Considering Proverbs 9:12

12 If thou be wise, thou shalt be wise for thyself: but if thou scornest, thou alone shalt bear it.

I could be looking at the verse wrong, but this is how I read it: if you are wise, you do yourself good. If you scoff at wisdom, then you will bear your foolishness alone.

Previous verses teach us that our wisdom is rooted in fear of the Lord, and if we are wise, we will have a longer and more fulfilled life.

If we consider that idea as Christians, then we can see how verse 12 is true.

If we are wise in the Christian sense, then we acknowledge that Jesus has made Himself Lord of our life, so we should do our upmost to honor Him as our Lord. As we become better servants, we see that our life becomes increasingly full of meaning as we find freedom from the destructive things of this world and grow in love towards God and others.

If we are foolish in the Christian sense, then we scoff at the things of God and the teachings of Jesus, thereby continuing in the chains of this world and its destructiveness. Without Jesus, we will bear these heavy chains alone, and that is indeed foolishness because we have One who bore these chains already.

Jesus sacrificed Himself so that we could be free from destruction, not so we can wallow in it without regard and without consequence.

The forgiveness of sin that we receive is meant to provide us with a fresh start so that we can approach God without fear or shame. This is a wonderful gift, and to count this gift as some light thing by means of sheer neglect and sinfulness without repentance is one of the most foolish things we can do.

However, I know how easy it is, and we have all been there.

I know how easy it is to become confused by the deceitfulness of this world, the cares of this life, the pursuit of wealth, and the pleasures of sin that seem so enjoyable for a time until they destroy your life and pull you away from the Lord.

As Christians, we have “put on Christ” as our “wedding garment” and we need to be ready to meet Him when He comes. If we willingly defile our garments with the destructive things of this world—the very things that Jesus died to free us from—how can we expect to stand before Him?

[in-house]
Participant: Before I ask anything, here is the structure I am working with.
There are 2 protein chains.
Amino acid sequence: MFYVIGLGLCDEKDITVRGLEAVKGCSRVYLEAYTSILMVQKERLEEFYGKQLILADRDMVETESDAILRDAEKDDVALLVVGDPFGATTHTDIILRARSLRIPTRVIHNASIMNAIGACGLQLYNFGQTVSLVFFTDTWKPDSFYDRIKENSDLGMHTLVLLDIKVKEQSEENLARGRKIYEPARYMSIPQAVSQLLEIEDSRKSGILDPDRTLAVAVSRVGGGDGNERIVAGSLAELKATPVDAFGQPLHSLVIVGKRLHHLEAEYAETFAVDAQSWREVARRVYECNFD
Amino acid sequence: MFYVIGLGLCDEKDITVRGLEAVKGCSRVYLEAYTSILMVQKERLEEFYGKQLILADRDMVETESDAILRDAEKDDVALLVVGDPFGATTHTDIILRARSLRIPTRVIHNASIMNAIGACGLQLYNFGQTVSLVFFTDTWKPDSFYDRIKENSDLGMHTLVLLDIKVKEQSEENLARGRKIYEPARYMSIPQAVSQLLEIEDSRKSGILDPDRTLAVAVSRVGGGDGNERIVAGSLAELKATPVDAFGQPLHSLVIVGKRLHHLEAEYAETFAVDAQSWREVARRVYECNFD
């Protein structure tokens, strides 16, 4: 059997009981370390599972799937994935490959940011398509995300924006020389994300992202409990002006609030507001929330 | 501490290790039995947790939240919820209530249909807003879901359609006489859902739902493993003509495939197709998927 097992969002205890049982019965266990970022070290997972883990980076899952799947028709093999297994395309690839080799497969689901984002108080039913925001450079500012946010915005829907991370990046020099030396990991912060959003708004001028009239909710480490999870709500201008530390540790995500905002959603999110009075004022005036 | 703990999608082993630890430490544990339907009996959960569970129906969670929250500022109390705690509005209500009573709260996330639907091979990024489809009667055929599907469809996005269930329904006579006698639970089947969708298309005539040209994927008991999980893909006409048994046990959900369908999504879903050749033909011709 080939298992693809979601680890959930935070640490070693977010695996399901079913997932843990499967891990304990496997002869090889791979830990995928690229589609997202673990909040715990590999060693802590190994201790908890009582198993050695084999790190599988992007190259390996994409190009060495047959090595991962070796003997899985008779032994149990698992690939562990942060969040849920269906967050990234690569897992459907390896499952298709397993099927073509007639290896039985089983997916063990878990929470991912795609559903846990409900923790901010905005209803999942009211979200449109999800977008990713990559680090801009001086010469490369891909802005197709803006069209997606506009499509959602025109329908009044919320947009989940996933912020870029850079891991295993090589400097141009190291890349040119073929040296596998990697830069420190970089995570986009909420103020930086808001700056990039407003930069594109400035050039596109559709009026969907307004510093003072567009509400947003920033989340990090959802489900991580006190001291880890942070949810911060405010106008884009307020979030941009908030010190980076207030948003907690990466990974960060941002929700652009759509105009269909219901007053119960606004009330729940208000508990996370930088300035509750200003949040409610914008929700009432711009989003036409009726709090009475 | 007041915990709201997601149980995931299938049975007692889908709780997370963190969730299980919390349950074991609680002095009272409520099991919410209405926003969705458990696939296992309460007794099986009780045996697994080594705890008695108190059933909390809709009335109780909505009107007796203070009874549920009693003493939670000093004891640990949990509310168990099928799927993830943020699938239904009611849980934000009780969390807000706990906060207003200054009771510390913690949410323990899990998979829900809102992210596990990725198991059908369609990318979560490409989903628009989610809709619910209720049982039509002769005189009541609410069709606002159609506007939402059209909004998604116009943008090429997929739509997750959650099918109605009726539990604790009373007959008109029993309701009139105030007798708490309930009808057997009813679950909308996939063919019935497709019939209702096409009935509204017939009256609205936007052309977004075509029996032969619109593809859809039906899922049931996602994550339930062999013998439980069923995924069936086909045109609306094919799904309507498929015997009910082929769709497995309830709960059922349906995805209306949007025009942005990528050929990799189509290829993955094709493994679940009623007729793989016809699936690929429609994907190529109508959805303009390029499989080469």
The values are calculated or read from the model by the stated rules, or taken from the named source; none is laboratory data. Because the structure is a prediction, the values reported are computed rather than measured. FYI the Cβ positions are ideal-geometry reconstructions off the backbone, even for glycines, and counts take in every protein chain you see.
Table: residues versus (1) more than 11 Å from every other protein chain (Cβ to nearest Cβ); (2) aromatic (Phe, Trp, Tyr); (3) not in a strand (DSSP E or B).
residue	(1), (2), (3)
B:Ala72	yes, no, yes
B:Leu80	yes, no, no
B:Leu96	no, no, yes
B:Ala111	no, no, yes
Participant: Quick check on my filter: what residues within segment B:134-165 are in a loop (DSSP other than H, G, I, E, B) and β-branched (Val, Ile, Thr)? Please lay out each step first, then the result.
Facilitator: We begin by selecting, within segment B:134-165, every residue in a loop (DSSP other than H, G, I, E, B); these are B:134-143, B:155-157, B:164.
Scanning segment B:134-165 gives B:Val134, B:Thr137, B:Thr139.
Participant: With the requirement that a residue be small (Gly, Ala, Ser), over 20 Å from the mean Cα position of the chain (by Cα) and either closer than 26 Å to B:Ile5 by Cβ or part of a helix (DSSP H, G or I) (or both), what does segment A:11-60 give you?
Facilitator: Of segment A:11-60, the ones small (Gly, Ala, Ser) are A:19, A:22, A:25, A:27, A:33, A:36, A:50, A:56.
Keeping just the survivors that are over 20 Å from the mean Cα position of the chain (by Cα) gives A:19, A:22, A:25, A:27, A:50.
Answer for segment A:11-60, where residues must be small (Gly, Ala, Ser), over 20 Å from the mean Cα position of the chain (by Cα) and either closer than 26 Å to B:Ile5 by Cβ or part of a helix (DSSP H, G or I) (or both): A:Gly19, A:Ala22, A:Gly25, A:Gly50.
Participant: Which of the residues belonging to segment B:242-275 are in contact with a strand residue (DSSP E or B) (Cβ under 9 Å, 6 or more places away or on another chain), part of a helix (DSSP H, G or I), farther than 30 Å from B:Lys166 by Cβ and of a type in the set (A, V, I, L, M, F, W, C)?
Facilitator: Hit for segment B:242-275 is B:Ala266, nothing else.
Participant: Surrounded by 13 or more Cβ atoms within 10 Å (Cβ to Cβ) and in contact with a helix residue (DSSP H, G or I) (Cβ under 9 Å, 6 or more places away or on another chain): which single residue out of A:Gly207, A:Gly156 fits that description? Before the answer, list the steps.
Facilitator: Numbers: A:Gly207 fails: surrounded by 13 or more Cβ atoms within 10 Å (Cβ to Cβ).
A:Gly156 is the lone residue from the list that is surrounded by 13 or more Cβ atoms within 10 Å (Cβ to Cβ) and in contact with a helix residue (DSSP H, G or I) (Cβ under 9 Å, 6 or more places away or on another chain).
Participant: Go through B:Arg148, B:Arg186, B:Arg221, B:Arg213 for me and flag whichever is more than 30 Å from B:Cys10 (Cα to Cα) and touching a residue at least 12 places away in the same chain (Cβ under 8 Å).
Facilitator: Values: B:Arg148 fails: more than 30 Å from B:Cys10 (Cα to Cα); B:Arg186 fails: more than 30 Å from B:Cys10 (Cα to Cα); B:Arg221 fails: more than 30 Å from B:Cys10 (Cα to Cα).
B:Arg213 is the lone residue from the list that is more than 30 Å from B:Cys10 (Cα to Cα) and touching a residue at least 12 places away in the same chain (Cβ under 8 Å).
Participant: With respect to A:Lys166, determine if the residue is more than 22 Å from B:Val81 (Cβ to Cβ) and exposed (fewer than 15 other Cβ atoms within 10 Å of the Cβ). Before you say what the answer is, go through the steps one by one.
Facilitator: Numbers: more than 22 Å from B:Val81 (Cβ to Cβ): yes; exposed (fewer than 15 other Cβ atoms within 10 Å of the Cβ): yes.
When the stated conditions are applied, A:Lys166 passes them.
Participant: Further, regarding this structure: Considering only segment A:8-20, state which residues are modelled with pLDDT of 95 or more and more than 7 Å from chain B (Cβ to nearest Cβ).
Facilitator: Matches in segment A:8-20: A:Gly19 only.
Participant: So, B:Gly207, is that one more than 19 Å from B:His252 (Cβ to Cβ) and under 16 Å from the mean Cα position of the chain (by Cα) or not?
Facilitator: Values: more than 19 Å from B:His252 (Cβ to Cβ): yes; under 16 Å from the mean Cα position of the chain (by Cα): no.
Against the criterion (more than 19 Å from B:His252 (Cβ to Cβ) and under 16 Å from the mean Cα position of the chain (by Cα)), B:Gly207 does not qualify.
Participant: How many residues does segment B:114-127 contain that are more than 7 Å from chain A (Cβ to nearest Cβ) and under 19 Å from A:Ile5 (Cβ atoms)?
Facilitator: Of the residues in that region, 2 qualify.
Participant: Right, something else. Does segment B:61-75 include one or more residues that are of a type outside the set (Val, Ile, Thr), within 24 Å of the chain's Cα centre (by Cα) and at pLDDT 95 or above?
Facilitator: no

Read Matthew 25 for the Parable of the Wise and Foolish Virgins.

I know that many will fulfil the fate of the “foolish virgins,” but I am thankful to know that Jesus will not lose any person that belongs to Him. He will do whatever is necessary to ensure our salvation, and this includes compelling us to grow in faithfulness to Him.

I know from experience that He will draw us to Him in a manner that we cannot resist. I also know that our faith is tried by fire, and this experience can be difficult and painful.

I know that all things are for our good, so I regret nothing about my life as a Christian. The insight He provided required a measure of suffering, but I can see how good it is because I am now in a position to help other Christians grow in faithfulness—and hopefully escape some suffering as a result.

It is my belief that the time of trouble is time of sifting and refining of Christians, and I believe that our ability to bear that time and “endure until the end” is made less painful when we are already right with the Lord. The wise will have oil in their lamps and they will make it through that dark time, ready to meet the Lord. It is not so for the foolish.

I know it sounds arrogant, but if my fellow servants will learn from my mistakes, they can avoid unnecessary trouble. We all have a story to share about how following Jesus changed us, and we can learn from one another. I also know that some trouble is unavoidable and necessary for growth, and the Lord gives us peace and strength “that surpasses all understanding.”

Christians, let us be wise. Let us consider the ways in which our lives are continuing down paths of destruction so that we can turn away from such things and turn towards a life lived in Jesus Christ.

Despite all that we have done to hurt Him, hurt ourselves, and hurt others, Jesus gave Himself for us. He became a man, suffered, and died for us so that we could escape destruction and inherit eternal life as sons of God.

We hear the same Christian tropes so much that we can become desensitized to it. Don’t be hard hearted. Let His suffering really penetrate your heart and change you. He loves you so much. He deserves better from us, not because we are earning salvation, but because we have received it.

This article is part of a weekly bible study in the Proverbs. A new article in this series is published every Monday. To follow along and receive email updates, you can subscribe to If you have thoughts or questions you would like to share, please leave a comment or send a private message. I would love to hear from you. ❤

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